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A Kodagu Monsoon

by Madappa PS

For as long as I can remember, the Monsoon season has always managed to remain close to my heart. The incessant rain, the dampness and the burning desire for warmth are things that make it special. Despite the romanticism, monsoons in the past years have been brutal on marginal communities, have displaced hundreds and have left some with no means of livelihood. I hope, with the next set of images, I can shed light on this revered and feared (sometimes it is the same thing) season, that I hold dear in the landscape of Kodagu.



With the arrival of the first monsoon clouds, agriculture begins to reluctantly take shape. Farmers scramble to get their fields tilled before the onset of the rains. Increased rental cost of tractors, increased labor costs, poor returns and red tapism to avail government benefits affect small-scale farmers in procuring monetary resources. Often people resort to informal loans from loan sharks at heavy interest rates, mortgage gold, or even give lands on lease. With the agrarian market showing little to no incentive, paddy cultivation has been seeing a decline in Kodagu.



The muddy brown water, with residues of fallen wood and plastic (which the water body is incomplete without) gush through otherwise dry canals that serve as minor tributaries to streams and rivers that they will join eventually. These canals serve as the first line of defense when there is gush of rainfall and water levels across catchment areas. Lack of maintenance, encroachment, and poor developmental programs hinder their functioning. Canals are breached, wrecking paddy crops and other water bodies in the process. Occasionally a human is lost.



The onset of rains also means that bright tarpaulins pop up, as protection for nomadic shopkeepers who use public spaces such as open markets to sell their ware. A large number of shopkeepers in rural towns in Kodagu depend on weekly markets to make a living. These public market spaces are often dilapidated (read: ignored by local authority as it serves a certain section of society). To shield their customers from the rains, these tarps are hoisted. The results are itchkie-pitchkie feet.



The rain gauge lies at the mercy of the rain. It patiently collects the rains, sometimes monitored, sometimes neglected – like a child. It is a marker of how much rain has poured. It will decide a few things – when to sow the seeds, if the school will be declaring a holiday, how much pork to cook based on the amount of water it holds. Interesting, isn’t it?



Ah, the tiller. This little Japanese machine managed to sneak its way into industrial usage. It is scary. It is an integral part of the local economy. From hauling coffee and paddy to being neglected when not in use, it is the machinery equivalent to how the Yeravas are treated. (Yeravas are a tribal group that predominantly work as manual labour in the plantations.)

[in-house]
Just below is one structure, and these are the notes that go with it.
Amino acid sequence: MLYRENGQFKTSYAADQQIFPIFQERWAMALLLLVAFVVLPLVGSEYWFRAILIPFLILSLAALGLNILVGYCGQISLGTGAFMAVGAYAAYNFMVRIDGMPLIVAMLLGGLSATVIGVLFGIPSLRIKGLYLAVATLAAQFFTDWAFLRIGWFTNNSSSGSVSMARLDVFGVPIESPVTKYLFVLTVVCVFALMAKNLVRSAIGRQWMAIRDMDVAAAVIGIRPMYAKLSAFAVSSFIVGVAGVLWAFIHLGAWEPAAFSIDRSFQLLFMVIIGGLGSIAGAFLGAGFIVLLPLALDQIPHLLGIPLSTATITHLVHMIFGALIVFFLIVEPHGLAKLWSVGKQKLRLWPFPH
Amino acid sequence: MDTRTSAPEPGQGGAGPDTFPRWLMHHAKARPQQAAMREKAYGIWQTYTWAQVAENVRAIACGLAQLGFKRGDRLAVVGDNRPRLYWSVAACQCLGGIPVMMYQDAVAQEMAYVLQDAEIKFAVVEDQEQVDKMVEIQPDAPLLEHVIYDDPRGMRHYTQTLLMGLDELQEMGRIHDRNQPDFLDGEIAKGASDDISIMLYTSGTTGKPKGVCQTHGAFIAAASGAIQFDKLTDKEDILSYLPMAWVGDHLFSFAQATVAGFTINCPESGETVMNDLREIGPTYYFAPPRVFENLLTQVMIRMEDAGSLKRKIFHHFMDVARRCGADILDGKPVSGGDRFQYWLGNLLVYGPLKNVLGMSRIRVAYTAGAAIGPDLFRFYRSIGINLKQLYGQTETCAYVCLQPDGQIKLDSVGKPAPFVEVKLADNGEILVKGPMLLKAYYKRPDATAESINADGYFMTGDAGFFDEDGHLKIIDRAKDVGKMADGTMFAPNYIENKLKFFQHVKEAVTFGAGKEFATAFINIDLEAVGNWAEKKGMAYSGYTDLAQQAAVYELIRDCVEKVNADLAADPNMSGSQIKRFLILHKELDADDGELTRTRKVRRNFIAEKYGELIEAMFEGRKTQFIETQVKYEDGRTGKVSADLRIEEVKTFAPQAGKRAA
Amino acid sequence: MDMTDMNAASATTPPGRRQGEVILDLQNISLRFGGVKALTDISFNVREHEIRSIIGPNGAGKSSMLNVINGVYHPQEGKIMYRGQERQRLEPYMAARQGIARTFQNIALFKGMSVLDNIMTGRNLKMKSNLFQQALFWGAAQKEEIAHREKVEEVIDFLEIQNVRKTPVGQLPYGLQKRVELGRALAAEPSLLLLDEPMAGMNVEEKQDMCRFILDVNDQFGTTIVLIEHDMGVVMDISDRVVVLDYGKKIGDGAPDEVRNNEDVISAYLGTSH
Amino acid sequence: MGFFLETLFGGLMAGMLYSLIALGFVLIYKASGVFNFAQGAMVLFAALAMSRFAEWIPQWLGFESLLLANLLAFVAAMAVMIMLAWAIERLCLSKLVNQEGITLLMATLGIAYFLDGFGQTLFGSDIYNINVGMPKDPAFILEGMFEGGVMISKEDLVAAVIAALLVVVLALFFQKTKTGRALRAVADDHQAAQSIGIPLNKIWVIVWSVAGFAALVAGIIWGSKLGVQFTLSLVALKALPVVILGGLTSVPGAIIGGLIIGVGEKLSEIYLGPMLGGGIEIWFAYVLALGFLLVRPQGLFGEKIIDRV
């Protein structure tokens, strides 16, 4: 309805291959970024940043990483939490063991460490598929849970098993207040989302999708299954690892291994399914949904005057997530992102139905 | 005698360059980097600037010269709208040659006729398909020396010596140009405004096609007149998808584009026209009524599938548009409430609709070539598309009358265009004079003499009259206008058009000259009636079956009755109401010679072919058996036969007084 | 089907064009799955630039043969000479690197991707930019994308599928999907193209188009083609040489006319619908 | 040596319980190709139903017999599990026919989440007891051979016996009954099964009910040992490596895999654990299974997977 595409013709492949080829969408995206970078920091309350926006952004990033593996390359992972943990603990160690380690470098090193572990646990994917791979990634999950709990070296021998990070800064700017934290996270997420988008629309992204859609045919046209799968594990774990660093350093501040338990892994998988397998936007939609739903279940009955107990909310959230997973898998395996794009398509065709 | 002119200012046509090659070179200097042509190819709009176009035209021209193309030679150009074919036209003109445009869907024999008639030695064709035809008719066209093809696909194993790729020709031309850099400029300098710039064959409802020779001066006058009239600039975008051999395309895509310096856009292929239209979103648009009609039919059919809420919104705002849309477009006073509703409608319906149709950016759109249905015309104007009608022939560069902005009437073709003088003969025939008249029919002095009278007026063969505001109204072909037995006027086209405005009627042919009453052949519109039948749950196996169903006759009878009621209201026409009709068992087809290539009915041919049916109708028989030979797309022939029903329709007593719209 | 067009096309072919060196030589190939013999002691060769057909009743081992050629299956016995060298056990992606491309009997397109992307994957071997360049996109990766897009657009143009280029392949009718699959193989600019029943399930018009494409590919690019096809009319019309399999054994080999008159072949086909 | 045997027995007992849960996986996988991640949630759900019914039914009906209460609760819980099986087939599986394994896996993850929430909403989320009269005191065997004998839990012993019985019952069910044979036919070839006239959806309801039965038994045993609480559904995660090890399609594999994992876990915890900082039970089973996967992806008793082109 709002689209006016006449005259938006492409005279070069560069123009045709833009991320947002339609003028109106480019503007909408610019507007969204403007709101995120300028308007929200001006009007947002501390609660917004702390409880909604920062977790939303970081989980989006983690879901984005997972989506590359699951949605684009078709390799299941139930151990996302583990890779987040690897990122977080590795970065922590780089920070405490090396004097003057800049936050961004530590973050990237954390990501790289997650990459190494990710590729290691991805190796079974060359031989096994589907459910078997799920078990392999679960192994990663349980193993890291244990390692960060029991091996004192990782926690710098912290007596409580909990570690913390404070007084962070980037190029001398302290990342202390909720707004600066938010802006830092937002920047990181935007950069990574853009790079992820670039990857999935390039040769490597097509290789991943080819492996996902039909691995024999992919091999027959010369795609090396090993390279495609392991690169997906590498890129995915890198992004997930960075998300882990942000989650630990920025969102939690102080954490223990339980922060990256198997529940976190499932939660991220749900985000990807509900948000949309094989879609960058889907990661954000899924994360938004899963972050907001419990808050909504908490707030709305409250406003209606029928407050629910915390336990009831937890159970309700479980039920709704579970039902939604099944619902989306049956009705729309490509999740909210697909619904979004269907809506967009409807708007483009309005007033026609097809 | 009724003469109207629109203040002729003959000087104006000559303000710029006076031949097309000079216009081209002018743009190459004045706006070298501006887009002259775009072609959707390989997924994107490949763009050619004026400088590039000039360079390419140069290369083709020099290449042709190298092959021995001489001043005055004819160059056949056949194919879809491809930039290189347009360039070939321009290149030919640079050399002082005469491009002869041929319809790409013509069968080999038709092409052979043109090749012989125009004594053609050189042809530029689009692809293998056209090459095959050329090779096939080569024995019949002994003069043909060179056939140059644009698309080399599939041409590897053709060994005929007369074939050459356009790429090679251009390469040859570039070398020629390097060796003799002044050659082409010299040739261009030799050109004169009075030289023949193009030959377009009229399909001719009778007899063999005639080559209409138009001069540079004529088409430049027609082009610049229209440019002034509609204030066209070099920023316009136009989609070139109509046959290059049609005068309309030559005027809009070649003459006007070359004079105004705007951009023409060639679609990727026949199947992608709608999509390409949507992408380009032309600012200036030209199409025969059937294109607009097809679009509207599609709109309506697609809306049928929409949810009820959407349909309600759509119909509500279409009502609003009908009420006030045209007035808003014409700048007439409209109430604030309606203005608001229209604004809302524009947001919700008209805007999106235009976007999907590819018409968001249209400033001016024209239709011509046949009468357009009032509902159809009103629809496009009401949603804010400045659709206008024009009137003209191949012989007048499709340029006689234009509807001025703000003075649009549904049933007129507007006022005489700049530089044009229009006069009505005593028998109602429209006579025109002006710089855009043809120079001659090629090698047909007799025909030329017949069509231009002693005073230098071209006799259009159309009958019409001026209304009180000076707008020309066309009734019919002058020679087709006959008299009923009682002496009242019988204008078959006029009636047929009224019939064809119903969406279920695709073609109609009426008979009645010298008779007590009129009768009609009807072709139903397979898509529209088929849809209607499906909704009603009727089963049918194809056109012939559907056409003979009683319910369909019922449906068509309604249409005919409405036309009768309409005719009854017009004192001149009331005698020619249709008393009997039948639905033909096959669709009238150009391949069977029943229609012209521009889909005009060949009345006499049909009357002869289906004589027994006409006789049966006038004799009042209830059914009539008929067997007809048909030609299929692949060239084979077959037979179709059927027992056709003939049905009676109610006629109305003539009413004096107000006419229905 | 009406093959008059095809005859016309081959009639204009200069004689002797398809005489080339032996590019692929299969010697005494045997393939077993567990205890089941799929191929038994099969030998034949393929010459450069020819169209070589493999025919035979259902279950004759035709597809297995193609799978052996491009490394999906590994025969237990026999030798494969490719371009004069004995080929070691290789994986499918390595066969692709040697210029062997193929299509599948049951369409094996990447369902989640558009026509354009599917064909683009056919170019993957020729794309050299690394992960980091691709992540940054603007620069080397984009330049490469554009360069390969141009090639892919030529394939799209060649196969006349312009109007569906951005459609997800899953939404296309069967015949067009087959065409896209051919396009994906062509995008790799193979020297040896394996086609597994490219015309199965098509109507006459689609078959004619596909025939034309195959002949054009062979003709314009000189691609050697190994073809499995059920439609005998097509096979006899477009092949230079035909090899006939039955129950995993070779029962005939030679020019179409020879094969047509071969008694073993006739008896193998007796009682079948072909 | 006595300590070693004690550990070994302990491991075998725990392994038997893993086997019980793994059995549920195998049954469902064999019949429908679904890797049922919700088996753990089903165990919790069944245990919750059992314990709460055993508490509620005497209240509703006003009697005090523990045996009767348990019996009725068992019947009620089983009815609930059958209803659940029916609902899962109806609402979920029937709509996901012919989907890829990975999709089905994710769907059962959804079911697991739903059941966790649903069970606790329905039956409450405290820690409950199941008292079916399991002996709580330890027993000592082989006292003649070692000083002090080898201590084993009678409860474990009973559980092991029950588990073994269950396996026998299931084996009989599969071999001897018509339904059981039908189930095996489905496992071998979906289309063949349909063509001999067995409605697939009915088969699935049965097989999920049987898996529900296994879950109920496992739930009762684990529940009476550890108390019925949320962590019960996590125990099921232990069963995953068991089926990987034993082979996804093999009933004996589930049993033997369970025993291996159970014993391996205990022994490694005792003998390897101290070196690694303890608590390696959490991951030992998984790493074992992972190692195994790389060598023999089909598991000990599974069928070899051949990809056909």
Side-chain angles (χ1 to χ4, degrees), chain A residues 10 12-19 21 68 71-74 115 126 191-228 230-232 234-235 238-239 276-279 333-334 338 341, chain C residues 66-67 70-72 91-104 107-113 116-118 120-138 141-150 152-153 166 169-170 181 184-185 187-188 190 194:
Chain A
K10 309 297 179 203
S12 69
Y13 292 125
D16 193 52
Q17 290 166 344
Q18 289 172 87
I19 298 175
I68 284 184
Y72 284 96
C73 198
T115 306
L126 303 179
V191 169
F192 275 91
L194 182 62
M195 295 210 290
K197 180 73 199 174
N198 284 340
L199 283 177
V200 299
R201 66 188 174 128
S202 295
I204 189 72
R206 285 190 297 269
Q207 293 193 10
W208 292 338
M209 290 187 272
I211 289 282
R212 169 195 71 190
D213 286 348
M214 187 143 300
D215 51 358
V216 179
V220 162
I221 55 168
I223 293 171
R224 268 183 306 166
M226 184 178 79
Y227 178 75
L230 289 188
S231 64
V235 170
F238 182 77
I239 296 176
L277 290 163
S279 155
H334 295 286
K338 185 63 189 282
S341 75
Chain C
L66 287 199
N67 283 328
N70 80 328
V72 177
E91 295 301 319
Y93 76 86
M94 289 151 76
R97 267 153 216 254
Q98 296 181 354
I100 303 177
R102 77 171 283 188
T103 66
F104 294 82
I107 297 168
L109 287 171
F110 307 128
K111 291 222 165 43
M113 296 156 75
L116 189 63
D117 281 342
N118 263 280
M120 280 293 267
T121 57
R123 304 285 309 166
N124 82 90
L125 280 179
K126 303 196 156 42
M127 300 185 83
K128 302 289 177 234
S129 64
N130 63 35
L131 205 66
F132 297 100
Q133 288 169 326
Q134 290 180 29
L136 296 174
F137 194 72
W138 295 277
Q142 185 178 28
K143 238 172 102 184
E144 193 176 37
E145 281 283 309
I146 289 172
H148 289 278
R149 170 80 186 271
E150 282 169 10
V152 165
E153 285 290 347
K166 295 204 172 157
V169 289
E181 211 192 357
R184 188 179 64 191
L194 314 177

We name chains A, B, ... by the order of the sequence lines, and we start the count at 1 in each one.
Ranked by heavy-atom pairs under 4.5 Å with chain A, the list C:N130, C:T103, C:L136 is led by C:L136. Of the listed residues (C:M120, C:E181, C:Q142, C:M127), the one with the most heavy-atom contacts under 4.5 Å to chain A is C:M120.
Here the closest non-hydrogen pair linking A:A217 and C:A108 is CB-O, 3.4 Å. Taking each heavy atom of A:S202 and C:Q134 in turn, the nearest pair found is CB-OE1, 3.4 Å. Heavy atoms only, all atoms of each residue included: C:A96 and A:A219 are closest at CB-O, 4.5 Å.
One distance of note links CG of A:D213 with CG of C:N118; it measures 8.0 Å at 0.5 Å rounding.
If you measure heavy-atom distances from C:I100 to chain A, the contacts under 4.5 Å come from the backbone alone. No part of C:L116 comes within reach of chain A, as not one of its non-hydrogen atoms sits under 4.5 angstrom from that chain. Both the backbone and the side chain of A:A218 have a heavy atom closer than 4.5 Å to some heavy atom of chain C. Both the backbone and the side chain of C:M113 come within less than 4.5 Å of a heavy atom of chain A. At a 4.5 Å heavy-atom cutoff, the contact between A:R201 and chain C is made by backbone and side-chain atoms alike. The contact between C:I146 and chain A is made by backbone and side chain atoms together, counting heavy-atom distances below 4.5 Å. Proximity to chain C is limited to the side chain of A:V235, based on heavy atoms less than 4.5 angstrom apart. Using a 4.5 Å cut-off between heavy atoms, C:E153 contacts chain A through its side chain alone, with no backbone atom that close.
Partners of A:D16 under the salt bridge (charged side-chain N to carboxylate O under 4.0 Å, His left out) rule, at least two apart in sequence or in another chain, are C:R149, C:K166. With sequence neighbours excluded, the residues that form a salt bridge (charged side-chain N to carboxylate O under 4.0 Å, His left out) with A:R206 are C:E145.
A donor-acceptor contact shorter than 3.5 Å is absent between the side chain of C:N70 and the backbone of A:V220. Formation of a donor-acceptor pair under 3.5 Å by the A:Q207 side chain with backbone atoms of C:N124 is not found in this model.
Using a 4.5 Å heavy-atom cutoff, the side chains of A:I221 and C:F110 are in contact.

The rains bring a fresh lease of life on all things. Frogs are also a part of this cycle. A boom in the population of frogs is another reminder of the rains. While the rain falls on the tiled roofs, the distant croaking of bullfrogs will be the percussion. Aquatic life rejuvenates, setting in motion an entire food chain that is reflective of the ecological health of the landscape.



A monsoon morning. It is cold. You want coffee. You do not want to go to work. You wish the rivers were flooded. You want jackfruit seeds. You smell the dung of an elephant that just raided your neighbor’s paddy field. You pray to Eshwara that yours is not the next. The forest minister plants a tree as part of his Save Forest Save You scheme.



Sleep. Everyone wishes to be a cat (well, most of us).



The tarpaulins make a comeback, but now to protect houses. Expensive infrastructural investments for fixing issues of roofs, walls and other shelter related problems during monsoon crop up, and tarpaulins become the cheap and temporary alternatives to protect houses and other spaces that are inhabited during the rains. They last a monsoon season, and are often discarded after it. They pile up as waste in the water systems.



Newspapers become an important part of one’s daily life. With no access to electricity and sometimes humans, newspapers become important to keep the residents updated about the various landslides, relief programs and even deaths. Besides radios, they become the only point of contact to the outside world (the phone battery drains rendering all social media apps unuseable).



A memory of an erstwhile era. Songs of SPB, Ilaiyaraaja and S Janaki now play on Spotify and Wynk. Old rolls of cassettes are now used to ward off birds from the paddy field. Brown tapes run across fields. The only sound that plays from it now is the whirring in the July winds, tied to temporary poles. The birds wait on defunct landline poles for the tapes to fall apart due to the rains and the gusty winds.



Butterflies. The break between the rains opens up a colorbox of butterflies. Waltzing around newly flowered plants and nesting under fresh leaves, they flutter around like droplets of rain. Their presence brings out little children to catch them in glee.

Monsoon begins. The muddy canals settle down. The water flows to the sea. Life trudges along. The monsoon begins.

Madappa is a part time dreamer, part time photographer and a full time food conninsuer with a terrible sense of spelling.

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